The data were analyzed using the Statistical Package for the Social Sciences software program, version 23.0. We estimated the prevalence of hypertension, the relationship between sociodemographic and cardiovascular risk factors with hypertension using Chi-square statistics. The factors that were significant at bivariate analysis were modeled in multivariable logistic regression at 5% level of significance.
The ethics approval for the study was obtained from National Health Research and Ethics Committee (NHREC) with approval number NHREC/01/01/2007-22/12/2016. Written informed consent was obtained from each study participant. Respondents were free to withdraw anytime during the study if they so desired. Confidentiality of information provided by participants was maintained.
| Results|| |
A total of 1265 respondents participated in the survey with the mean age of 40.2 ± 16.1 years. There were 652 (51.5%) females, 842 (66.5%) were married, and 1103 (87.2%) were literate [Table 1].
|Table 1: Sociodemographic characteristics and prevalence of hypertension among respondents|
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The prevalence of hypertension among the respondents was 35.6%. The prevalence was significantly higher among males (39.6%) than females (31.8%, P = 0.003). Age and educational status were also significantly associated with hypertension (P < 0.001) [Table 2].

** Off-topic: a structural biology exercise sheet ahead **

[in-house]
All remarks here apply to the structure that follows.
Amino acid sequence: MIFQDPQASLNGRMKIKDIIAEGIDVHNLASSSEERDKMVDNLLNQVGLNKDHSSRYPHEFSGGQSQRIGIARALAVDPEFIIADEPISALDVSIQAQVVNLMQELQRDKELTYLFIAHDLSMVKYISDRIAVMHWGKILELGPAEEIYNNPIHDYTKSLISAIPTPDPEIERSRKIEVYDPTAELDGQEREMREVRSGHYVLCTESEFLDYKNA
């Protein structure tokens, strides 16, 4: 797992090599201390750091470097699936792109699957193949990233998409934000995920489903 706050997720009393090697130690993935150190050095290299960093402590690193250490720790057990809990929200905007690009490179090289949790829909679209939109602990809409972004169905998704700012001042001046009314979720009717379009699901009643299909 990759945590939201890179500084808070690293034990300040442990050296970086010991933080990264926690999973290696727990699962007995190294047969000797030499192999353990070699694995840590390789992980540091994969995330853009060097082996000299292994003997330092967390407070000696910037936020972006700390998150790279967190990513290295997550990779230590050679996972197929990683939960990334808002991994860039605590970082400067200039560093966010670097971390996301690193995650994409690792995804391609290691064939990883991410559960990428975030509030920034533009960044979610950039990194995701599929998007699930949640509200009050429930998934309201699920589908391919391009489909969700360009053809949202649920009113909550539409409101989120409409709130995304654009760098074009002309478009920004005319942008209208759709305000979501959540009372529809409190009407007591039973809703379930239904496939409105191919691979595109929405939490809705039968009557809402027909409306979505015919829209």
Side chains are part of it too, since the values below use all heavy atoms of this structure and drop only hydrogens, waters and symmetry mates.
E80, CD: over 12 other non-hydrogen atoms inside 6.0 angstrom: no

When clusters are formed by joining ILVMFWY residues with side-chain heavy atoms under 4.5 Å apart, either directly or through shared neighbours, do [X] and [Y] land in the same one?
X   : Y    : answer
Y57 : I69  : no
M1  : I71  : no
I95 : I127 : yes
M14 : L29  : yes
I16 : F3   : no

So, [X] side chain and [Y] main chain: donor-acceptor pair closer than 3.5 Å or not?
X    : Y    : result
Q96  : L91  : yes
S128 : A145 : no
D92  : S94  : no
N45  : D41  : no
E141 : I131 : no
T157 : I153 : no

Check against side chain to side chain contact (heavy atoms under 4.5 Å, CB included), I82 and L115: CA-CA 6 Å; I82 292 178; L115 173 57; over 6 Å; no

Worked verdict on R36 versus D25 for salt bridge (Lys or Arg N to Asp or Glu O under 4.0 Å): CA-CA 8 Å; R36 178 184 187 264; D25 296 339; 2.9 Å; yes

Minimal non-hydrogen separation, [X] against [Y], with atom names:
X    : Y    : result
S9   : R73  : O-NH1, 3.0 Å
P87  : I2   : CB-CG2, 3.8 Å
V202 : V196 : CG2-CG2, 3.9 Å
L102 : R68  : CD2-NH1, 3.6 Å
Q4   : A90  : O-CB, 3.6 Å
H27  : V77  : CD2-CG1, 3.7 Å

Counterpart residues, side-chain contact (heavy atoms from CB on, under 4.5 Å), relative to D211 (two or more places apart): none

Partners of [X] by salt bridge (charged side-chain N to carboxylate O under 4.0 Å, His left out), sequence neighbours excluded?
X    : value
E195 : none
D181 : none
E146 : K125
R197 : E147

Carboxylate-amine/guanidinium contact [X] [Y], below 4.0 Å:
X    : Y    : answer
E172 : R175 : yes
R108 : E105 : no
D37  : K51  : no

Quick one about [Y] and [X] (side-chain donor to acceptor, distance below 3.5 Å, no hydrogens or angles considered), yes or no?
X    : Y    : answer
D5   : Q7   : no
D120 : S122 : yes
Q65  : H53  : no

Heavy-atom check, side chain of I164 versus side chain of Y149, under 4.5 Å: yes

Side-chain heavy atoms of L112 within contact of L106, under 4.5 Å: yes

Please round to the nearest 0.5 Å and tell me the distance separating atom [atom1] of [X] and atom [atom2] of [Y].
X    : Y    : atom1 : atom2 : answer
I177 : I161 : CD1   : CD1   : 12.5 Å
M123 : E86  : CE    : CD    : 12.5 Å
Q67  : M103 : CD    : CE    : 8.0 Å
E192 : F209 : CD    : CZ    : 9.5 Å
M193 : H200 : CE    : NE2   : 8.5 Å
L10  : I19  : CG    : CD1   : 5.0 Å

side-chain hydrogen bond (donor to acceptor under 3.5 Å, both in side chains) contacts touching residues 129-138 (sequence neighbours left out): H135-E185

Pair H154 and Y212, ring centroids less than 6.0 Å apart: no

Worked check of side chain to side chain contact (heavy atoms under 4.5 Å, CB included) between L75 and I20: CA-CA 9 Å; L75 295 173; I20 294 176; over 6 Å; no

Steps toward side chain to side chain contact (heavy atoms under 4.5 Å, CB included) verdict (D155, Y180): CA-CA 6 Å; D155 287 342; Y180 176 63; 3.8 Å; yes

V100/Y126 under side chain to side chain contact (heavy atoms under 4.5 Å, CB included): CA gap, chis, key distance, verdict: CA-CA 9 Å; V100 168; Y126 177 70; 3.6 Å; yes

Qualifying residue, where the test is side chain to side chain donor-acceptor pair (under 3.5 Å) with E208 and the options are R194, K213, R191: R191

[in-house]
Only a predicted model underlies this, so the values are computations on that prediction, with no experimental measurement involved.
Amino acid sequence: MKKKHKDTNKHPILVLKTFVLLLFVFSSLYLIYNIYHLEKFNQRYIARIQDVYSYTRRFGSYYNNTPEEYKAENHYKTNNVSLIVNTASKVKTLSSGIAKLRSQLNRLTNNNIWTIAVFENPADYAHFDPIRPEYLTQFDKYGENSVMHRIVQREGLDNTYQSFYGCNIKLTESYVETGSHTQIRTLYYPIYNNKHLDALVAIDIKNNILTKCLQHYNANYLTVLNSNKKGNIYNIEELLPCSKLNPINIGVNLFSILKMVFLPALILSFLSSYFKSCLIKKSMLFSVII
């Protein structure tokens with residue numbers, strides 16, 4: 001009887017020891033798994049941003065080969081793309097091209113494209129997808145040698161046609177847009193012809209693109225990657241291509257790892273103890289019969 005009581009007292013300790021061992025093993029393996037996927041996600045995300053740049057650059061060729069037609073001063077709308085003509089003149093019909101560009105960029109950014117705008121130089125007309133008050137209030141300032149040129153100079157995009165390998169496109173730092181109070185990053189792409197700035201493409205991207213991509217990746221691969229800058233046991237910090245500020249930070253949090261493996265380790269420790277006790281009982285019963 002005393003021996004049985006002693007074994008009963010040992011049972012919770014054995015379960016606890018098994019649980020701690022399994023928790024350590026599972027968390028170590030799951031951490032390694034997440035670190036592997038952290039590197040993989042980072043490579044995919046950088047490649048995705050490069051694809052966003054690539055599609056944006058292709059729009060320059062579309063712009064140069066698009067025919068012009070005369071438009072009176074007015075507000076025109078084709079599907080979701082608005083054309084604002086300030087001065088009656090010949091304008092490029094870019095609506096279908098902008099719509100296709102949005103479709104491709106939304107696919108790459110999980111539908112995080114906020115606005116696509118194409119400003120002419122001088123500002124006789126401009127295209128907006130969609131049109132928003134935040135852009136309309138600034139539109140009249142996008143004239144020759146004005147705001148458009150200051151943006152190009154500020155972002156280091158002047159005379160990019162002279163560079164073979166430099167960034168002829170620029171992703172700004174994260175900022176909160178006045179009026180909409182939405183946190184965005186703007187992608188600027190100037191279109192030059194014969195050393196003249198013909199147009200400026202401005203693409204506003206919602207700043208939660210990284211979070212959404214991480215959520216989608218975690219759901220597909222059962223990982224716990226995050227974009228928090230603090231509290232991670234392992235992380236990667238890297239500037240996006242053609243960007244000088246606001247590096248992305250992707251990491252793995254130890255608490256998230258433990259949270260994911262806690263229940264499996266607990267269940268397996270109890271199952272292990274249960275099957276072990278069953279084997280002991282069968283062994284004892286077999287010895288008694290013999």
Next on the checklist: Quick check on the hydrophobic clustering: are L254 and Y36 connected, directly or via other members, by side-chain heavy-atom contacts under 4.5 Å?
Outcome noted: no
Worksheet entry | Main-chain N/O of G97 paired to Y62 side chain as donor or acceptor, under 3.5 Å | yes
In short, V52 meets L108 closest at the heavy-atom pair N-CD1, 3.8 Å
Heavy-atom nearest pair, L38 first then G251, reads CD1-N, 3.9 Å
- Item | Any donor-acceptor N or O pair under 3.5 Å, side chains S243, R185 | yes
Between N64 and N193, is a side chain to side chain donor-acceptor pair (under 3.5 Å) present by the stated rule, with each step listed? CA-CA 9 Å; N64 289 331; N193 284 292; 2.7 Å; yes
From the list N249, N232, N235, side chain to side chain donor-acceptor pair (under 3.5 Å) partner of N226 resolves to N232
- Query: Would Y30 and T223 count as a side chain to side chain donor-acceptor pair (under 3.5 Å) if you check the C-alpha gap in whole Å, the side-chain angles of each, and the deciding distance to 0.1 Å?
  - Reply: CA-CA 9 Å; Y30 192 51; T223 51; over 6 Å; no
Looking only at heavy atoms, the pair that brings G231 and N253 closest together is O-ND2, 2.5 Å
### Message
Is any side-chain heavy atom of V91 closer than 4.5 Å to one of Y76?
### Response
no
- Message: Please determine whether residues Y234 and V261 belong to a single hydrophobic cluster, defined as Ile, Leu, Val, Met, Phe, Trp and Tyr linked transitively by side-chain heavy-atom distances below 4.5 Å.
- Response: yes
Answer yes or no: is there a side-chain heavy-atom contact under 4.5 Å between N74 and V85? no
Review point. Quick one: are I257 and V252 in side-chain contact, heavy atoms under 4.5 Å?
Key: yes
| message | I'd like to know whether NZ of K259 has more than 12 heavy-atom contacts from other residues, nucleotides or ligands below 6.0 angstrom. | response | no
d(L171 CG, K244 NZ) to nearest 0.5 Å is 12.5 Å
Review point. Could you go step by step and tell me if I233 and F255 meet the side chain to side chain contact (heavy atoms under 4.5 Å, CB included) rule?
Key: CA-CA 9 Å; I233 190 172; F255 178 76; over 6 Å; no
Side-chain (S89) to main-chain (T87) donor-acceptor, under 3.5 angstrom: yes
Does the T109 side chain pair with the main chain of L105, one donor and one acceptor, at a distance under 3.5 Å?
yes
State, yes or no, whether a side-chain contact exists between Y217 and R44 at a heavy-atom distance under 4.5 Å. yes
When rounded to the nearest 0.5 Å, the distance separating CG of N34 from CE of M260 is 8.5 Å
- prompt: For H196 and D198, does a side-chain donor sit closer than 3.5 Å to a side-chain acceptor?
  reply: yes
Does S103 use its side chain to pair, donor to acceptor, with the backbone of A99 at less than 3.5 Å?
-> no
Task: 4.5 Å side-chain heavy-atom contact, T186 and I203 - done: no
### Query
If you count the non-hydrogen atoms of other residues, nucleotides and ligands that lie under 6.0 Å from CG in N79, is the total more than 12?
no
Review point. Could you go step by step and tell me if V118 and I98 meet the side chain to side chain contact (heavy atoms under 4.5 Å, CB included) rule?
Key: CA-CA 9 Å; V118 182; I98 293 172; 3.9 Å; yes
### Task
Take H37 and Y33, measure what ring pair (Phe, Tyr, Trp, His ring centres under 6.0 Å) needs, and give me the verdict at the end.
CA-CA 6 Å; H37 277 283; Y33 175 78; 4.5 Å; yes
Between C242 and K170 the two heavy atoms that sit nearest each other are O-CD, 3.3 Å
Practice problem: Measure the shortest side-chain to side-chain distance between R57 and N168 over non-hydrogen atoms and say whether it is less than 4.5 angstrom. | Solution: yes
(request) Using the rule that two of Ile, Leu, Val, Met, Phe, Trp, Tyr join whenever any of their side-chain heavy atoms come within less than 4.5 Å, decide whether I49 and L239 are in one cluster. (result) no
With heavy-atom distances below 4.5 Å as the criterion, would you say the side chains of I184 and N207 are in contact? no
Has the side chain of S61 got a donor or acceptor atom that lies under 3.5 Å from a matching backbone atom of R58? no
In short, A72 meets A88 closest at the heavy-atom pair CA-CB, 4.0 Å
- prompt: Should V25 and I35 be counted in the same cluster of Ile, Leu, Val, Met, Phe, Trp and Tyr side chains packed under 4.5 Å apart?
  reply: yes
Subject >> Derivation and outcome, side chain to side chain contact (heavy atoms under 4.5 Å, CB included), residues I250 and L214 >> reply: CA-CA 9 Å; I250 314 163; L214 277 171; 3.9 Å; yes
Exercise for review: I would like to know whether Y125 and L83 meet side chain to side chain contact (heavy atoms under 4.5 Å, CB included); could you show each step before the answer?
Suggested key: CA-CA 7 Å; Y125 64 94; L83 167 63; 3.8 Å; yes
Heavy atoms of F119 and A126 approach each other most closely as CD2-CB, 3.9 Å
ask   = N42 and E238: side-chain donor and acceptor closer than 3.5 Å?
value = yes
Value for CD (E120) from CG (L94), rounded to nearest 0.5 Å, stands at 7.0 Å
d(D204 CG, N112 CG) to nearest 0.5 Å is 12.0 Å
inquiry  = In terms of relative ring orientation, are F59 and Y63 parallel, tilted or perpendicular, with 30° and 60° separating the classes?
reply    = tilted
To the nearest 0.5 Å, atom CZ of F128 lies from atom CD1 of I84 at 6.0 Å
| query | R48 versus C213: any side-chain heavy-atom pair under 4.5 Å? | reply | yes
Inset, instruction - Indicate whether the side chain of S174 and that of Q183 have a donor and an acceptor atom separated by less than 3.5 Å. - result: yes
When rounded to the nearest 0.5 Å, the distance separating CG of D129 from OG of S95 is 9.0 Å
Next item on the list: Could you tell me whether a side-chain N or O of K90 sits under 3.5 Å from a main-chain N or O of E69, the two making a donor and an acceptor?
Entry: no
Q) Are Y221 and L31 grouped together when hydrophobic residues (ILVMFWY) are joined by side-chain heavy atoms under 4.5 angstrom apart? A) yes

|Table 2: Association between the sociodemographic characteristics and hypertension among respondents|
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Hypertension was also significantly associated with alcohol consumption, physical activity, family history of hypertension, waist circumference, BMI, total cholesterol, and total triglyceride [Table 3]. The odds of having hypertension increased with increasing age. Respondents aged ≥60 years were 12 times higher odds of developing hypertension compared to those aged 18–29 years (aOR: 11.9; 95%CI: 7.1–19.9). Males had 1.4 times higher odds of developing hypertension compared to females (aOR: 1.4; 95%CI: 1.1–2.0). The odds of developing hypertension increased with increasing BMI. Those that were obese had nine times odds of being hypertensive compared to those with normal BMI (aOR: 8.8; 95%CI: 3.9–19.9). Those who were overweight had four times odds of developing hypertension compared to those with normal BMI (aOR: 4.1; 95%CI: 1.8–8.8) [Table 4]).
|Table 3: Association between cardiovascular disease risk factors and hypertension among respondents|
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| Discussion|| |